Beware the Poet 

Gay Shorts that Ain't All Bad

One of the most annoying factions of experimental cinema includes films that mimic bad coffee shop poetry readings. They're the ones in which the filmmaker narrates the story in an Allen Ginsberg monotone, instead of letting the images speak for themselves and the viewer come to his or her own conclusion about the film's objective. "Show, don't tell," is the writers' early mantra, and it should be applied to non-linear filmmaking. There's nothing worse than bad poetry--except maybe bad poetry with accompanying abstract film. And while the upcoming Sensory Perceptions/ Northwest Film Center's queer shorts program, Love and Loathing in Vancouver, BC, has its share of these dreaded films, there are still several engaging shorts that make the program well worth your $7.50.

One is entitled "Queer Things I Hate About You," directed by Nickolaos Stagais. It's a constantly moving, one-shot image of a man and woman against a white screen. Minimal blue and pink sentences pop up throughout the film's five minutes--words depicting the stereotypes that gay and lesbians might have about each other. It's a funny piece, and doesn't exactly spell out its message.

In "Field Guide to Western Wildflowers," Wayne Yung passionately kisses 63 different men. The devil-may-care, warm images are superimposed over vibrantly colored flowers and their official names. The soundtrack of men talking about their first gay Asian kiss make for a sweetly upbeat film.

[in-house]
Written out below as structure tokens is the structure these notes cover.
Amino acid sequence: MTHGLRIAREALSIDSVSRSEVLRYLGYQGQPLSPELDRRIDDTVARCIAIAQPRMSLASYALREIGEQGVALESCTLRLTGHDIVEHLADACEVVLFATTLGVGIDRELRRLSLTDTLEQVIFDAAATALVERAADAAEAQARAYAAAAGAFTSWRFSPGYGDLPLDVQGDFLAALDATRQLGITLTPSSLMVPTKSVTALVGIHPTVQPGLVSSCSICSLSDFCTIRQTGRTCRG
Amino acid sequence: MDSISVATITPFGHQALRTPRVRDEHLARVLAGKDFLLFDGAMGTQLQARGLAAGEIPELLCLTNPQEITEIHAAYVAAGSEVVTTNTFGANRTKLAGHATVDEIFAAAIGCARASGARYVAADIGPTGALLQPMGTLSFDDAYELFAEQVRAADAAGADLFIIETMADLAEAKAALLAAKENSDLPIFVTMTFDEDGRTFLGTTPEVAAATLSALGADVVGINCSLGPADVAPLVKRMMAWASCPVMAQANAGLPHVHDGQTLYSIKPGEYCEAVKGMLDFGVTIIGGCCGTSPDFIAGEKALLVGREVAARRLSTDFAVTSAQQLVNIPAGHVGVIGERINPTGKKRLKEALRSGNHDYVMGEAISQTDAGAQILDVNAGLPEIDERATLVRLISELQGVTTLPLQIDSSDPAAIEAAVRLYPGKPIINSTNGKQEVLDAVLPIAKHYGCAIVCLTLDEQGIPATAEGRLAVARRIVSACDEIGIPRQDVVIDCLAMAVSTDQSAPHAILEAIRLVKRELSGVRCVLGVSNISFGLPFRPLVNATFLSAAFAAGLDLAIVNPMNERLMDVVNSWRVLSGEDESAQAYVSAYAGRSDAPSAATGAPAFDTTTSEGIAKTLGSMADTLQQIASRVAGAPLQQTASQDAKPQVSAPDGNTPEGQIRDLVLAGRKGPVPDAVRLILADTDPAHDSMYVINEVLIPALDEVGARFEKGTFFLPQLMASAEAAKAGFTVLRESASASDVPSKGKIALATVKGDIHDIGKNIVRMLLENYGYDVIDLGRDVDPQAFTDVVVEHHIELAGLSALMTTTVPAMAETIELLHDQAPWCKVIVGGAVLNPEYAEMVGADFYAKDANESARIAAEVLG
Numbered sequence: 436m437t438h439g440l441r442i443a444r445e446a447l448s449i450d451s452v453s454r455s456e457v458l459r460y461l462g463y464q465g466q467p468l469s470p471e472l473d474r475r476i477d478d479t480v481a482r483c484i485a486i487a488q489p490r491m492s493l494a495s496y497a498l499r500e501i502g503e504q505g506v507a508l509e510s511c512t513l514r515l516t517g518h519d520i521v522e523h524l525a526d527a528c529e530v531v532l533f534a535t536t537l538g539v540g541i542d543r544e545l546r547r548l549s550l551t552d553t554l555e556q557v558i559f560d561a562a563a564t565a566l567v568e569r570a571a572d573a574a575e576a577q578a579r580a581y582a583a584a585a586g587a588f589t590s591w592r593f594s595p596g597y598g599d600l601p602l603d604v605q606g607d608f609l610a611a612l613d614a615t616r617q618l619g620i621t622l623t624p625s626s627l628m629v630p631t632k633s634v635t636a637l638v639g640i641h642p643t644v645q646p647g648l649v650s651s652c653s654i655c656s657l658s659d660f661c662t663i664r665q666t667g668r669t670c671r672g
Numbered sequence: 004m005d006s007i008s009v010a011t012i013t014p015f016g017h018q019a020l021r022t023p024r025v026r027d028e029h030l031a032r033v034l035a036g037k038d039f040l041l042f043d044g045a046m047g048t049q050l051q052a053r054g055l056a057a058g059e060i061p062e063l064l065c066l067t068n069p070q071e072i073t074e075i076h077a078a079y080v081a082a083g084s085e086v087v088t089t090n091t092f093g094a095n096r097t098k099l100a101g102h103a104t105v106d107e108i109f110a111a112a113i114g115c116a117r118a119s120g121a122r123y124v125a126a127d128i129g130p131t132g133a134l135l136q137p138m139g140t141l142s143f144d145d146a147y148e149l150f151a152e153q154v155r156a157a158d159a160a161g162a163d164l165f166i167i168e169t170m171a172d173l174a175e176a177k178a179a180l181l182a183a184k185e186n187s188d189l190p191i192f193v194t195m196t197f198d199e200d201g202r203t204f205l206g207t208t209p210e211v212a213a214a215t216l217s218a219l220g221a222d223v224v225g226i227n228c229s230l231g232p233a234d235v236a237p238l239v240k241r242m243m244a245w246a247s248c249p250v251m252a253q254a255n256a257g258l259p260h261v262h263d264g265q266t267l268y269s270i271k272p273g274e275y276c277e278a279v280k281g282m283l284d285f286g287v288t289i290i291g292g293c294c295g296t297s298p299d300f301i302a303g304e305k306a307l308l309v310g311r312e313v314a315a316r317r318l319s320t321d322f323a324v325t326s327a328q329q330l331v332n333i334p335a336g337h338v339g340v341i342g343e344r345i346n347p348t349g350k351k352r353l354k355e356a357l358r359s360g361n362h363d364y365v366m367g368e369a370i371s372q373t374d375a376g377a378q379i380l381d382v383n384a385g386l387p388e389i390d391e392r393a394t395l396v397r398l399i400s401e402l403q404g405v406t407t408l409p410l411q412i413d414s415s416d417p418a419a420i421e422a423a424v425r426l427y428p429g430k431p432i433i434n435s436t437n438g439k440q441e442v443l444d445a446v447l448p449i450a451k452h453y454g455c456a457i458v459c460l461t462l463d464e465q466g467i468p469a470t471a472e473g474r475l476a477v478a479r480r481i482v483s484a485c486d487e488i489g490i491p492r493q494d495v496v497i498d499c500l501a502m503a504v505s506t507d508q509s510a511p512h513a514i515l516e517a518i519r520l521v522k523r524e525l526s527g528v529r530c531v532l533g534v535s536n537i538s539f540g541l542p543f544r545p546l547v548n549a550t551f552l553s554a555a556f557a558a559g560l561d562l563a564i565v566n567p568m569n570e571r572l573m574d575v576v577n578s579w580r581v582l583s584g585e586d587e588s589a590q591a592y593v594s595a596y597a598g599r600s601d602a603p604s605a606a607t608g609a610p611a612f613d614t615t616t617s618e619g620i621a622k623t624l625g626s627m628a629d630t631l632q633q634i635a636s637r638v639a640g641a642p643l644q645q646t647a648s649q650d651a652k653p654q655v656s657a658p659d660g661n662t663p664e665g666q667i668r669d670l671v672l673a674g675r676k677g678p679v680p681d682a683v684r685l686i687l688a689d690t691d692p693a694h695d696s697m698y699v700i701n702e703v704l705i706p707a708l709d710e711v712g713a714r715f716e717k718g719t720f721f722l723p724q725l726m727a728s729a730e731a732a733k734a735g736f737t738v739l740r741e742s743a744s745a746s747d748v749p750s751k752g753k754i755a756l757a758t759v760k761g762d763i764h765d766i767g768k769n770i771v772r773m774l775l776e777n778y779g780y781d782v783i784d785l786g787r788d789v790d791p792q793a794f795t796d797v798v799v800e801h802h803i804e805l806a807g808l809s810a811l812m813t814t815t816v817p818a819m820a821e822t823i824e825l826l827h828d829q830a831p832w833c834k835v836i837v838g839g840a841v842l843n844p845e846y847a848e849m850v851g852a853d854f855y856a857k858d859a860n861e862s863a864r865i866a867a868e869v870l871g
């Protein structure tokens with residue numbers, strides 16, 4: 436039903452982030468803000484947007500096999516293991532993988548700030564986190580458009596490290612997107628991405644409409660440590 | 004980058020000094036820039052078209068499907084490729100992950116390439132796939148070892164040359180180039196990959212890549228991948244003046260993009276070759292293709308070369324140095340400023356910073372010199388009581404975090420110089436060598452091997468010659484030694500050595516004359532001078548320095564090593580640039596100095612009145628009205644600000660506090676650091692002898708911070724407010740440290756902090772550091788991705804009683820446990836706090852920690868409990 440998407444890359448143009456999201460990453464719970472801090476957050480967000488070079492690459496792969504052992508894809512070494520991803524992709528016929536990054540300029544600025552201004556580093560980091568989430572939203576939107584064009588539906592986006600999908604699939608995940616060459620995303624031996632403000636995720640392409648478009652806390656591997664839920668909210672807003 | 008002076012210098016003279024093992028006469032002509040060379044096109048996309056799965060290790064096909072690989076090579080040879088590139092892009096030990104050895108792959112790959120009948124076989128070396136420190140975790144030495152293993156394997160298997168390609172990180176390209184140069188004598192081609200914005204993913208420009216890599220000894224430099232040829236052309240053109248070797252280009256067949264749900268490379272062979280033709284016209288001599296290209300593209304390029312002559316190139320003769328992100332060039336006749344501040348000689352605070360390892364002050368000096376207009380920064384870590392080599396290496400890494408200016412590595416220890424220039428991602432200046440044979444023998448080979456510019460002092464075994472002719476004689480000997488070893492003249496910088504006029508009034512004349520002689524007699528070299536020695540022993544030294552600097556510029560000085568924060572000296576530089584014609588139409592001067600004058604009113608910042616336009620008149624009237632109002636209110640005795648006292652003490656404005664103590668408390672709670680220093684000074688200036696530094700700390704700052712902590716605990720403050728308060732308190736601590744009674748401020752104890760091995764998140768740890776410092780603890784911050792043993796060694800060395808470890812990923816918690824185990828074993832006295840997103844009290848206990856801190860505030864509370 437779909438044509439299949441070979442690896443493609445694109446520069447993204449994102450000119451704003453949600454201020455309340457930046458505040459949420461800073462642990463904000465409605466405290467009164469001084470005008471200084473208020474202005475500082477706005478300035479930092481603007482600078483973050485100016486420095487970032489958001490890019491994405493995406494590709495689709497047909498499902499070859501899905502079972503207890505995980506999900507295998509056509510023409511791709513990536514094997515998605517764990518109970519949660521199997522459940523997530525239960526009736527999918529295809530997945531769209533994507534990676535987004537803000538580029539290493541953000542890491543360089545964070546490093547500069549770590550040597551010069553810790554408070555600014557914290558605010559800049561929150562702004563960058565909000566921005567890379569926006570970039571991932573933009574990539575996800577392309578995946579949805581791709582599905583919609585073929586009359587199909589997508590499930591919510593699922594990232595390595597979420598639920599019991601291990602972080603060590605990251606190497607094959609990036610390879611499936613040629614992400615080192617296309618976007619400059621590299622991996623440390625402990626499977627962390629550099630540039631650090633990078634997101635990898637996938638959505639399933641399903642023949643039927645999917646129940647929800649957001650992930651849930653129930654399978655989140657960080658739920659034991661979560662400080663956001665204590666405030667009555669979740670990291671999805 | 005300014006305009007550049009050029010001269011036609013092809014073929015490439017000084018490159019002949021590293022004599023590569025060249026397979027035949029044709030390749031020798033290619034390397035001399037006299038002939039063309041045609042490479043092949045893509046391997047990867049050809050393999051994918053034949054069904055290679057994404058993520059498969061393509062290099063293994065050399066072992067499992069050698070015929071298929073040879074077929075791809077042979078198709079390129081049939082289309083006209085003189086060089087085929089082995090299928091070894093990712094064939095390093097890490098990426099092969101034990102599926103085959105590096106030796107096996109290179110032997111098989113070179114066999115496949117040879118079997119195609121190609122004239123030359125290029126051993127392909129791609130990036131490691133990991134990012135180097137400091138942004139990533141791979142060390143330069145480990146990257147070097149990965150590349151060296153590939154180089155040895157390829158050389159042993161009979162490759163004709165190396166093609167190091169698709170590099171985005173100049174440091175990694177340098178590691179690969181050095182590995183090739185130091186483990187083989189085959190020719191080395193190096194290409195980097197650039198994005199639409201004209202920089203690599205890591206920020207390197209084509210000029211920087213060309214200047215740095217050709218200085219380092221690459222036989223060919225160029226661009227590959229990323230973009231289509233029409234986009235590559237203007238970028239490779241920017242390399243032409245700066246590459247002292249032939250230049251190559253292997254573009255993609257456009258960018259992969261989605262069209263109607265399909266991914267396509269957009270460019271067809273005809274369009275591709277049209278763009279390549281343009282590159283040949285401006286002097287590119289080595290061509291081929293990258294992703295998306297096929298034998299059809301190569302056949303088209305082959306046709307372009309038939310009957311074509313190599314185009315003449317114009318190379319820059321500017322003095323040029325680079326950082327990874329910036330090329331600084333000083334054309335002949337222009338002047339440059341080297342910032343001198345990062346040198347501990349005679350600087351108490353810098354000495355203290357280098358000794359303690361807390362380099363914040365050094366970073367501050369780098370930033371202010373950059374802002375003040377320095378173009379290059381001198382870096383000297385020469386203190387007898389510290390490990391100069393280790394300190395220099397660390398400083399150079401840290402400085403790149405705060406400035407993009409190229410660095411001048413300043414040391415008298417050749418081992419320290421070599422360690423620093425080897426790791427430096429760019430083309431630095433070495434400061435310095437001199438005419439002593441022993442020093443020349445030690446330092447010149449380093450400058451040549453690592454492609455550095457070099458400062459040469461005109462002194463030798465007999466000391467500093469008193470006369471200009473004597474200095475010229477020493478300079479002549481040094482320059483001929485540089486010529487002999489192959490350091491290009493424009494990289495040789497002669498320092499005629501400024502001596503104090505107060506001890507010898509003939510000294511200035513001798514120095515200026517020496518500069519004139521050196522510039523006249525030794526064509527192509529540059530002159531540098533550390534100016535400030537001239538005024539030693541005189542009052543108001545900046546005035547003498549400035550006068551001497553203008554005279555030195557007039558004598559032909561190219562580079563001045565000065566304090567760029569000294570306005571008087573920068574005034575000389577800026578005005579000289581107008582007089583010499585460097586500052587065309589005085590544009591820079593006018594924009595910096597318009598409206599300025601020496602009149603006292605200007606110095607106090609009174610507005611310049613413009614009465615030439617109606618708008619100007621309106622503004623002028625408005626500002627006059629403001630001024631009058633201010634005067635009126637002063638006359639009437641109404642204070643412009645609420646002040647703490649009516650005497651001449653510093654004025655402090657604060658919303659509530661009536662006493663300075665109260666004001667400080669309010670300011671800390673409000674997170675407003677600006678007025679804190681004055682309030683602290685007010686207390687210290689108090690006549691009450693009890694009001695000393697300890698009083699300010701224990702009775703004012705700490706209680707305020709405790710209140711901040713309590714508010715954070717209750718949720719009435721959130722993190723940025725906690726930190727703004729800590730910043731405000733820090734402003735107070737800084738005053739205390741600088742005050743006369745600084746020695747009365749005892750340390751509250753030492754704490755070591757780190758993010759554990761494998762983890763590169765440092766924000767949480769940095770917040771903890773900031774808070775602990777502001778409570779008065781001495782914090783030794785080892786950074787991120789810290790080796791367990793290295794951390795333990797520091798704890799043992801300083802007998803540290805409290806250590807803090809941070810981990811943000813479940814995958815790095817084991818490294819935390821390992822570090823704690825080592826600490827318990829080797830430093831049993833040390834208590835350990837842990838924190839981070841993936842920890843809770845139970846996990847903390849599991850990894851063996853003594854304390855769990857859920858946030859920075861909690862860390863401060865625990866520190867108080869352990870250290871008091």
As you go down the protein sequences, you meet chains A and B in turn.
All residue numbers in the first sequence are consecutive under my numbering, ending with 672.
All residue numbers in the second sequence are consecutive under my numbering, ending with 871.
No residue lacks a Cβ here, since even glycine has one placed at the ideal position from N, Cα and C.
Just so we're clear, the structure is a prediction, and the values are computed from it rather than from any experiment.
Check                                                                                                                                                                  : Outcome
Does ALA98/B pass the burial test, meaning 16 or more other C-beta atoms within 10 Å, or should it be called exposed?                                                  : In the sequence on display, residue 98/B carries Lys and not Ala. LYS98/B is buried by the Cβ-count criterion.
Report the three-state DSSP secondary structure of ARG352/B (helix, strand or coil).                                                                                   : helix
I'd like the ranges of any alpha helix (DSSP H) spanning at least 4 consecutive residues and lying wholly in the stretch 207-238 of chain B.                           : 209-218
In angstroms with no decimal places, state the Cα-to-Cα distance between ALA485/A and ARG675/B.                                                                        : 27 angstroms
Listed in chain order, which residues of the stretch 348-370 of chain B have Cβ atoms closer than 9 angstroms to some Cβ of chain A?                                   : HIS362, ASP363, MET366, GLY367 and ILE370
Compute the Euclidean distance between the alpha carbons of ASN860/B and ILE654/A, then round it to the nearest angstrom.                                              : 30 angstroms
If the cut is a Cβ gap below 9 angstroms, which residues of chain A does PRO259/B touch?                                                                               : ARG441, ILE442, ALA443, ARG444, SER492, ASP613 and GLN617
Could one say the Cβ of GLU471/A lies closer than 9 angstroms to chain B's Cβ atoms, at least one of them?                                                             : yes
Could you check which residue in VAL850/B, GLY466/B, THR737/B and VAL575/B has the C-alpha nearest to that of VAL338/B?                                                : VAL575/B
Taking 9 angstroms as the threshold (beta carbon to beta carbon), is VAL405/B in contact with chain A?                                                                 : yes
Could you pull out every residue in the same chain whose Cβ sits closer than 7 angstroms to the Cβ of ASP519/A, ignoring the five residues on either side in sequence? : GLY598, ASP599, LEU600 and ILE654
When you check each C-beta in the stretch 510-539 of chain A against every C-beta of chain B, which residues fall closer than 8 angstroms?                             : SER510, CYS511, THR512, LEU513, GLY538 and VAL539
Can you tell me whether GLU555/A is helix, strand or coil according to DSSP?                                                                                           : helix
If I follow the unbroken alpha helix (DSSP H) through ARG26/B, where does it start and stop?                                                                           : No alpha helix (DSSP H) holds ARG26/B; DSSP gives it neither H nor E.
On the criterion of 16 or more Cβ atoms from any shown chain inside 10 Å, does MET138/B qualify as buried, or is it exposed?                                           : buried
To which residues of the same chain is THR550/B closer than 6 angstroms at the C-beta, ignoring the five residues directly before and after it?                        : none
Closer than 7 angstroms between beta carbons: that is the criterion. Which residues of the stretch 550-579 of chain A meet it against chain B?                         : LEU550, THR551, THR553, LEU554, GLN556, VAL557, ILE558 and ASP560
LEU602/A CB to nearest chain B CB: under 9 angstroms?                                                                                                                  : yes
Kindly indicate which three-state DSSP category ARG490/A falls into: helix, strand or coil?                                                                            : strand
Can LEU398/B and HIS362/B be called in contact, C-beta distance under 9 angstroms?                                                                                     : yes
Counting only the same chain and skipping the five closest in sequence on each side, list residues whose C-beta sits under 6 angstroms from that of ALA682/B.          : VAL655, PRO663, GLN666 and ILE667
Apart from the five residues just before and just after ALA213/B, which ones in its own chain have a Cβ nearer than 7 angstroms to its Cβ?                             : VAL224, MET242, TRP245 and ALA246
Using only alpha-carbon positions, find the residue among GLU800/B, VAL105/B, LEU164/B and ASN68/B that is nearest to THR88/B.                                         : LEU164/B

Laurel Swenson's "How to be a Recluse (7 Easy Steps)" has the makings of a poem film (dainty enunciation, ephemeral images, a weighty topic) but avoids being obvious or shallow thanks to gorgeous shots and sparse instruction. Similarly, Gordon Wong's "Shuet Ying: A Story of My Mother" uses delicate animation, colors, and shadows (yet no spoken words) to convey an idea. Both films are moving and use time/film limitations to their advantage.

Some of the films are unsettling and powerful (Kenneth Fletcher and Paul Wong's needle-sharing piece, "60 Unit: Bruise;" Jennifer Conroy and Nikola Marin's graphically sexual "Fuck This, Ginger") and some have a great sense of humor and/or culture ("Transmission," Ivan E. Coyote's very honest piece about a transgendered family). This is a very well curated program--despite some of the Burroughs poetry stuff.

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